If infringement occurs, reasonable royalties can be extracted either through private settlements or litigation. For the clinician inventor, this ensures all aspects of the idea covered under the patent claims are protected. Once filed, patent claims become available to the public.

Two types of patents exist: design and utility patents. The utility patent defines how an idea works and is used, while the design patent describes how the idea looks. Both require a new and nonobvious use that has not been established before. Utility patents maintain protection for 20 years from the date of filing, while design patents are protected for 14 years.1

Devices, techniques, and materials are the most common ideas for the pursuit of patents. If the clinician’s idea is not appropriate for a patent filing, then a trademark, copyright or trade secret may be an alternative for seeking governmental protection.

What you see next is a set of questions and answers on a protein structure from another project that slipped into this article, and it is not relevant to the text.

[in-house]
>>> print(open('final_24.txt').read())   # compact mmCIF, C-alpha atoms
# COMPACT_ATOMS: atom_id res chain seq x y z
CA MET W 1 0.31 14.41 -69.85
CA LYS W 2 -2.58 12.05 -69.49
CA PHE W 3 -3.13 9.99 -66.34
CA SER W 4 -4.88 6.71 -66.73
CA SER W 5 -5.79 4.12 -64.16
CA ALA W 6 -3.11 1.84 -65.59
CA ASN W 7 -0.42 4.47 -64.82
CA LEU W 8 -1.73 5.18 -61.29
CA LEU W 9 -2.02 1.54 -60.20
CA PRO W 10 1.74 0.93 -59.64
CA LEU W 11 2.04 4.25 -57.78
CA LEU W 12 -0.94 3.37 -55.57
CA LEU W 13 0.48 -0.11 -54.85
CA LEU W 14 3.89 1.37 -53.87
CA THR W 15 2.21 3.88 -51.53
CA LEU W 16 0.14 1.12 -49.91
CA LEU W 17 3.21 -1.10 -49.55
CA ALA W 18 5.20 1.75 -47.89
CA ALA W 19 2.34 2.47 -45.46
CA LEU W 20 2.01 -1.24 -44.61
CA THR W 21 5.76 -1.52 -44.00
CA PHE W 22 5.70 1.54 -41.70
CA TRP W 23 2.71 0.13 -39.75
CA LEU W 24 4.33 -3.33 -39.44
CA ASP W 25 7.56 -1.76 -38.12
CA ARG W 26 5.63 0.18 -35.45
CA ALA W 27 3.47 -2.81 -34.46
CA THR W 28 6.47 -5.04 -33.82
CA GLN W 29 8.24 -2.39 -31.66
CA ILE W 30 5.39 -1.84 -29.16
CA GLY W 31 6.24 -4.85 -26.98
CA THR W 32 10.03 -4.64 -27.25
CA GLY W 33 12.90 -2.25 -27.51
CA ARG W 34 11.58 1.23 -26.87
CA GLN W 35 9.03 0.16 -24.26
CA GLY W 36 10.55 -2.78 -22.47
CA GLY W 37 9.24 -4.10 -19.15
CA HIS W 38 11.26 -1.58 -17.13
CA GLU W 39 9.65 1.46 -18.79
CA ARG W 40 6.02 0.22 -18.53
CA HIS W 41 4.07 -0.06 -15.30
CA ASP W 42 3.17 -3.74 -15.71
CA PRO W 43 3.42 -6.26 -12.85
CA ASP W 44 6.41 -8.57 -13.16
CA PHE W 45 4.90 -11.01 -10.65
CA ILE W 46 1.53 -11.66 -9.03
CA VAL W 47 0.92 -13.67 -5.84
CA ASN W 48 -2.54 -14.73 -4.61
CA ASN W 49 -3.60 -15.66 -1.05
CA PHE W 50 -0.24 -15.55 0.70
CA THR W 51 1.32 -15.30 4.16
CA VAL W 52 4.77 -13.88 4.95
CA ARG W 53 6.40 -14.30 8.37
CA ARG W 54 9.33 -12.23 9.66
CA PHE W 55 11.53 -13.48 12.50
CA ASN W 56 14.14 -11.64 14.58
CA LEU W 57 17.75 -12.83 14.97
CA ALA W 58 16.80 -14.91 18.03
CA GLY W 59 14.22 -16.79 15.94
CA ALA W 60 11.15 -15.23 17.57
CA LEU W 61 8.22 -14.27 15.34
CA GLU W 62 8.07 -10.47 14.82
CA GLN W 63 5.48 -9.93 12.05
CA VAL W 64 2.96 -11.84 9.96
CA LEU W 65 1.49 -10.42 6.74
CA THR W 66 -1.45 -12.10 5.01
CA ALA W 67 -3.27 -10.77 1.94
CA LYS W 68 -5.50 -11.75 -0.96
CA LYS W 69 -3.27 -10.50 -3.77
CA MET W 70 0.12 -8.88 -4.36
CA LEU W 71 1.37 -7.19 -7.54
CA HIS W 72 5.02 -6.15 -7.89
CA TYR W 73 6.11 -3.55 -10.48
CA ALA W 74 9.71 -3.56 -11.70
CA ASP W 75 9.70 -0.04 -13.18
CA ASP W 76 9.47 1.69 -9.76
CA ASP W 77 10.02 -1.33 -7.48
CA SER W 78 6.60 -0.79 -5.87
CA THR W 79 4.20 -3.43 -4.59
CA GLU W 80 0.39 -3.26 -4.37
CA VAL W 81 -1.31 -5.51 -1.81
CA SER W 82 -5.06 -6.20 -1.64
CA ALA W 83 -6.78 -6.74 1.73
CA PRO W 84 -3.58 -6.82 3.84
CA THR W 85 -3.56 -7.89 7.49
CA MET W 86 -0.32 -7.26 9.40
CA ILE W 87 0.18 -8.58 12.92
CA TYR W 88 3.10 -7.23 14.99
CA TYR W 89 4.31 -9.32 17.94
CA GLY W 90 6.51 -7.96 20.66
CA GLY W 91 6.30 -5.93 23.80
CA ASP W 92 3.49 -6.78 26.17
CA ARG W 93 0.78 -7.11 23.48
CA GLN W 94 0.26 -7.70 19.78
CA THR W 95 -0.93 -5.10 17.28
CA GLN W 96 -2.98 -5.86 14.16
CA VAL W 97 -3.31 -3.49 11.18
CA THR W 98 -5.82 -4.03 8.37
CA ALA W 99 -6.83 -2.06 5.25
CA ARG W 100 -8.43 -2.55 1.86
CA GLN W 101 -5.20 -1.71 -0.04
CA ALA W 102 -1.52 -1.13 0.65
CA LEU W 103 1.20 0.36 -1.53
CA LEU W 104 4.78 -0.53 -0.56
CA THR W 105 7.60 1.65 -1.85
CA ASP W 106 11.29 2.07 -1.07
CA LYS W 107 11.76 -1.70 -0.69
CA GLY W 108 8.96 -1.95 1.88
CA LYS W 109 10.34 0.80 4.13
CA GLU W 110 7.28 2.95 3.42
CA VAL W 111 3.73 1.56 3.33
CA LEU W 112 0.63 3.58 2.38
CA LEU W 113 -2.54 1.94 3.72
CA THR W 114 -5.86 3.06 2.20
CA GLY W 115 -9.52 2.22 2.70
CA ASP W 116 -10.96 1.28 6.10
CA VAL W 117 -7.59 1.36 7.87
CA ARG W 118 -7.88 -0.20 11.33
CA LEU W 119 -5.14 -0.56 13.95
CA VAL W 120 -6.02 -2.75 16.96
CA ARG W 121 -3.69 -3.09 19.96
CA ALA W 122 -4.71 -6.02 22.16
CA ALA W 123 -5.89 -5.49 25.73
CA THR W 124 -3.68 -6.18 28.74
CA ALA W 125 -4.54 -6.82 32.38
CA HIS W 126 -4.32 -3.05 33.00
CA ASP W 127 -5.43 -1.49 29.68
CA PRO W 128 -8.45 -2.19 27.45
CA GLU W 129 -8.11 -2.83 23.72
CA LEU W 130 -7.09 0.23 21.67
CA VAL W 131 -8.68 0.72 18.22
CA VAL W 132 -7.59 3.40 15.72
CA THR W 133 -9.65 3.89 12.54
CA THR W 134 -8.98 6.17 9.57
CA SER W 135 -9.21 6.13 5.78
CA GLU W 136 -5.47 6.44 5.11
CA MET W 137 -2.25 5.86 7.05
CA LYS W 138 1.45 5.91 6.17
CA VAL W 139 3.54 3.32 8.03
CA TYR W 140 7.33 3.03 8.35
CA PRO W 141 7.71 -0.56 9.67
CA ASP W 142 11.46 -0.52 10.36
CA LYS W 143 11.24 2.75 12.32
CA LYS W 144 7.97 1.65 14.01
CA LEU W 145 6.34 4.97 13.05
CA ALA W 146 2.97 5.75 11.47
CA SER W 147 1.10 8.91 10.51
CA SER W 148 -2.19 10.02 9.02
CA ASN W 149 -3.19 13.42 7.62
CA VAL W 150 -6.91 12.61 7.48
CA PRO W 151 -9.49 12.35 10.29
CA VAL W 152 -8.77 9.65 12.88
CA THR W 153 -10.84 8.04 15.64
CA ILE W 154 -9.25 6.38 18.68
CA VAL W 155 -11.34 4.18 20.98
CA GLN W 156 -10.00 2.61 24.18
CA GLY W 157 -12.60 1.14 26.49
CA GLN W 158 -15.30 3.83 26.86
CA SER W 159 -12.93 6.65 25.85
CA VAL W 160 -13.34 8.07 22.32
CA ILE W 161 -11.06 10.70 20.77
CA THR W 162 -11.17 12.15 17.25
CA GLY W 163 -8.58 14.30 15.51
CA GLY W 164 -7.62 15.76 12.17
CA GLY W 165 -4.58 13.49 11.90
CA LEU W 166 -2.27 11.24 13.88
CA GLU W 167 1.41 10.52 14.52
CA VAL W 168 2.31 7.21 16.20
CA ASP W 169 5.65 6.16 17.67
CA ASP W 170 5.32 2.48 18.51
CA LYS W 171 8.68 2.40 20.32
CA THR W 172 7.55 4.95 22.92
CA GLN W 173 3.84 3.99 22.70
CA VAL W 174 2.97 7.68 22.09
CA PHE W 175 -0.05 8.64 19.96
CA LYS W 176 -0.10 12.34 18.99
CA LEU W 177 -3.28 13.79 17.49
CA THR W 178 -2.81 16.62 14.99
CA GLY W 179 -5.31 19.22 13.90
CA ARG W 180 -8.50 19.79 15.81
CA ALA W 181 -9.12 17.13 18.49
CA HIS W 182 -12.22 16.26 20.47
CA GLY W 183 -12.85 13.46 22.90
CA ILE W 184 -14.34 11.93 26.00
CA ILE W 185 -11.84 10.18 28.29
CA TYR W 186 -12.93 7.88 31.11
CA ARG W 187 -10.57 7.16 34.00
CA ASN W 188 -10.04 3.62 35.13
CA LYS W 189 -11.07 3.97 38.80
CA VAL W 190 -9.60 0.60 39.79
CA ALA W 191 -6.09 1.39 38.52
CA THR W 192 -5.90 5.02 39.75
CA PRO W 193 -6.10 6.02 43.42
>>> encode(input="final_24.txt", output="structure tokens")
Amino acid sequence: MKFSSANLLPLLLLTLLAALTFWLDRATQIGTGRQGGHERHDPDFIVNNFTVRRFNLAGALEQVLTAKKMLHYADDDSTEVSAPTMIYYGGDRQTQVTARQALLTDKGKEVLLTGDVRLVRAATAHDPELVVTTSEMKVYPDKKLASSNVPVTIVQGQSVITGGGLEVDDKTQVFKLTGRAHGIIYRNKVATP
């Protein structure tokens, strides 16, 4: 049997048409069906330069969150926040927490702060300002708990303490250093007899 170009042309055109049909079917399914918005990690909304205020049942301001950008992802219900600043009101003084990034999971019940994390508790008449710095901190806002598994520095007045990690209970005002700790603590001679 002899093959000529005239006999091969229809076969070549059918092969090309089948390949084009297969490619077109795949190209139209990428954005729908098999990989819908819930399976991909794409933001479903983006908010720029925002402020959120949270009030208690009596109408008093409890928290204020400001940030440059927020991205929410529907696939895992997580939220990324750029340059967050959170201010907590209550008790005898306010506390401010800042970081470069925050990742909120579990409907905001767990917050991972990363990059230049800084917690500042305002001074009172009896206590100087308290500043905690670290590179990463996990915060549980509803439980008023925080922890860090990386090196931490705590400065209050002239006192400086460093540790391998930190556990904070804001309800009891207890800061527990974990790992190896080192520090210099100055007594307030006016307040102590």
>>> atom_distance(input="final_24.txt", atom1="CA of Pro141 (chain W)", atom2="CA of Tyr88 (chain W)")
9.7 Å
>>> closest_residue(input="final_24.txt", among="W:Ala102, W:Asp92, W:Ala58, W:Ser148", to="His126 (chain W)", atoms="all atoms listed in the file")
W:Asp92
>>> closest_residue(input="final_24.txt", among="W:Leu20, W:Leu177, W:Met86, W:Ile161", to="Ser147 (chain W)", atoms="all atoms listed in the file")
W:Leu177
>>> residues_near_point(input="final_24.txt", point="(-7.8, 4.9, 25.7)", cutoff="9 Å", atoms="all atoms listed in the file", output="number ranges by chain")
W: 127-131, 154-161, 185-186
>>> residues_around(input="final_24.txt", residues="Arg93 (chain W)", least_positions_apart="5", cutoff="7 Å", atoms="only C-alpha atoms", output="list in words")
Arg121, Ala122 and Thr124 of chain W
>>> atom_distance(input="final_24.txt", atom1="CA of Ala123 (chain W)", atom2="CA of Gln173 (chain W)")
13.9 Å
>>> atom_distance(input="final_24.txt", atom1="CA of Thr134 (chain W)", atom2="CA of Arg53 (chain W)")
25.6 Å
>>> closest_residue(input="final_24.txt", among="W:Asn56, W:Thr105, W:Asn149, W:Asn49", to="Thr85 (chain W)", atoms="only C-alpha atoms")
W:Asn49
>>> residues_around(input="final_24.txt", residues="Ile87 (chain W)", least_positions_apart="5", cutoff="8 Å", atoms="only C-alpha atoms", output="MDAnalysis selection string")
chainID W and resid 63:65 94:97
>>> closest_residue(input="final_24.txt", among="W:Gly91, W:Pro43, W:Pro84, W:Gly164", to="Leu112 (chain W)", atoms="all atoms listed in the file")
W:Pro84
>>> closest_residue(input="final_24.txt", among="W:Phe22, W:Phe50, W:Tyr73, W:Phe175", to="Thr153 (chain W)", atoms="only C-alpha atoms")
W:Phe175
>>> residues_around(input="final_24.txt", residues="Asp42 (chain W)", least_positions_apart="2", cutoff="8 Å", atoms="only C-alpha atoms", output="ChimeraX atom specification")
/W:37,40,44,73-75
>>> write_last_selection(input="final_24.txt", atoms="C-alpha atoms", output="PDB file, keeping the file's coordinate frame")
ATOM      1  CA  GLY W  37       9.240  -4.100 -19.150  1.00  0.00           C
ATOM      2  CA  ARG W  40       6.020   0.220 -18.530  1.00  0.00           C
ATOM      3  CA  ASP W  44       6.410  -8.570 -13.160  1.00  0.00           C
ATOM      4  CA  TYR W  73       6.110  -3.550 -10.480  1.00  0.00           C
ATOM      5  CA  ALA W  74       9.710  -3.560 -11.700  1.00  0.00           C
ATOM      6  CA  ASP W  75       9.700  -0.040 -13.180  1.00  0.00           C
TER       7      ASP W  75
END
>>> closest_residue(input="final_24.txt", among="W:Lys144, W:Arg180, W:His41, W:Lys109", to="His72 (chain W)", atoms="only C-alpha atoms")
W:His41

A trademark can help the clinician protect any word, logo, slogan, name, symbol, shape, color and sound that identifies a source of goods or services from one or any other source in the public domain.1

Having a more distinct and recognizable idea to be trademarked makes it easier to disrupt the marketplace and establish a product. Trademarks indicate that the good is of a certain quality, signal that the good is controlled by a single source, identify the good and promote the sale of the good.

For example, branding a certain type of catheter with a unique name can distinguish it from other products in the field. By establishing a trademark for a product, market share can be gained and clinicians can recognize distinct products.